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18th September 2014 Versione italiana
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CARMEL
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original title:
CARMEL
directed by:
cast:
Amitai Ashkenazi, Amos Lavie, Ben Eidel, Ben Gitaï, Efratia Gitaï, Jeanne Moreau
screenplay:
cinematography:
editing:
Isabelle Ingold
set design:
Miguel Markin
producer:
production:
Global Media, AGAV Films (Tel Aviv), Inter Europe, Hamon Afakot
country:
Israel/France/Italy
year:
2009
film run:
93'
format:
35mm - colour
festival & awards:
PUNE INTERNATIONAL FILM FESTIVAL 2009: Best Actress (Nadine Labaki)
TOKYO FILMEX 2009: Special Screenings
Amos Gitaï's new film is made much in the mode of last year's extraordinary Plus tard, tu comprendras. It is carefully composed and orchestrated, highly self-aware and sculpted from both collective and personal memories. In addition to being completely heartfelt and honest, it comes from the mind of a man who is not afraid to be critical. It hews to no positions and has no agenda, encapsulating the contradictions and complexities inherent to Israel and its history. Using Jeanne Moreau's voice as a kind of chorus – she recites texts and poems in voice-over – Gitaï creates a kaleidoscope of images and associations from the distant Jewish past and the immediate Israeli present. Among the first images we see are centuries-old battles between Romans and Hebrews for the town of Jerusalem. The point is clear: this is a land that has seen much bloodletting. We are then transported to the present at an Israeli army encampment, where Gitaï himself laments the “half truths and half lies” on television and the “endless war” that his son is now engaged in fighting. As Gitaï grapples with this new reality and worries about the safety of his son – “It's not easy being a father in Israel these days,” he says – the subversive punk-rock lyrics on the soundtrack underline his doubts about the current political situation. And as if in counterpoint to these ancient and modern wars, he introduces memories of his mother through letters, sounds and anecdotes, a mother who spent much of the sixties in London, learning English and attending plays. Carmel feels like a cinematic poem. Its sequences and incidents, though they are all carefully selected, are not designed to construct a linear narrative. It is as if order is not possible in the world he sees around him. Chaos is far more illuminating, be it in the glorious music of Gustav Mahler that bursts through the claustrophobic reality of people engaged in war or in an account of Gitaï's personal exploits as a soldier shot down in a helicopter during the Yom Kippur War. Gitaï has turned into a great chronicler of his country, and what he finds there these days is not a simple narrative.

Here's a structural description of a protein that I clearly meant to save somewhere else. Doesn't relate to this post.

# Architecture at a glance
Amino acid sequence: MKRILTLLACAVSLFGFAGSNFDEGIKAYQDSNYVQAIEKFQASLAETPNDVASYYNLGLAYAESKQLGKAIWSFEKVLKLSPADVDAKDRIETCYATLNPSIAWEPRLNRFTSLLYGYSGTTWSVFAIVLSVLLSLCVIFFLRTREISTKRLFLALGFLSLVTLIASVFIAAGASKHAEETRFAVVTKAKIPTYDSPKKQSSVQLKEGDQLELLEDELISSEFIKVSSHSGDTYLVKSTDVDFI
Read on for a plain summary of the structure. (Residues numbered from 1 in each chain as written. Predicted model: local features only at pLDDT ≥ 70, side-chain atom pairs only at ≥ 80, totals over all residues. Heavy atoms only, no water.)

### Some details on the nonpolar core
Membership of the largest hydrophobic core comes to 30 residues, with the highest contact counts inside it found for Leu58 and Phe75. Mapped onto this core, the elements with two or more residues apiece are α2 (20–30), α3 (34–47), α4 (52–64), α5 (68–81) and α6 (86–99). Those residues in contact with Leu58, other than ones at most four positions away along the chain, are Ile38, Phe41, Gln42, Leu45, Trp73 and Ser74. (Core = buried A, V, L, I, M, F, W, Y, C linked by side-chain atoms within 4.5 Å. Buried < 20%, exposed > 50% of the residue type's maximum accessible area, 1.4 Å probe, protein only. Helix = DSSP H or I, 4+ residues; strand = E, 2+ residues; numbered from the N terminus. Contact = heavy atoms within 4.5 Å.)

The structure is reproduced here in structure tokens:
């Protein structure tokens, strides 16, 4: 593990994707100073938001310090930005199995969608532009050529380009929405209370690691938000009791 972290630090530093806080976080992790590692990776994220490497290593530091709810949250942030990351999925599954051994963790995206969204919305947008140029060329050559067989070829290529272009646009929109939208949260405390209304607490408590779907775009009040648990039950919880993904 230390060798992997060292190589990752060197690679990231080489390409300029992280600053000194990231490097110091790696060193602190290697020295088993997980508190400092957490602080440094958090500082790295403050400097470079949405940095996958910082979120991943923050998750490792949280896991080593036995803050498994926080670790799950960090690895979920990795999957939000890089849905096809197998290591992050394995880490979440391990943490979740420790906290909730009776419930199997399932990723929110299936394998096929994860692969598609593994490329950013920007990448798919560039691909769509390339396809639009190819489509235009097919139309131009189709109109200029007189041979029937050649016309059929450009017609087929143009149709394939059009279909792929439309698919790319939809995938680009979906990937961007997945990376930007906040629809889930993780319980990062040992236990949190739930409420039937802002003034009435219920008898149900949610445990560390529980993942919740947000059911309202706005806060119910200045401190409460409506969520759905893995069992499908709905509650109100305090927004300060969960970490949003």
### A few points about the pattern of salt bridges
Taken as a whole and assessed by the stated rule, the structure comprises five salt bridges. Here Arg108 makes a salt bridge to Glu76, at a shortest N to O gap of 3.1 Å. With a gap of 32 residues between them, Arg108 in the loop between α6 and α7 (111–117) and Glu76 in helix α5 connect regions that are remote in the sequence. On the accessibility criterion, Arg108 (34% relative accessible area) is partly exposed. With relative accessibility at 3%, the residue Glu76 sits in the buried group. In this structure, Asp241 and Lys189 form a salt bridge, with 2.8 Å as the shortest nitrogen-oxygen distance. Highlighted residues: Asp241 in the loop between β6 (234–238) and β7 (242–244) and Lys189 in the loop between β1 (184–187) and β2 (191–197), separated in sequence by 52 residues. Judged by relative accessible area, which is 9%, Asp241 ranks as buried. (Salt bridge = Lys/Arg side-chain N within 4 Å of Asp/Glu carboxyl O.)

credits

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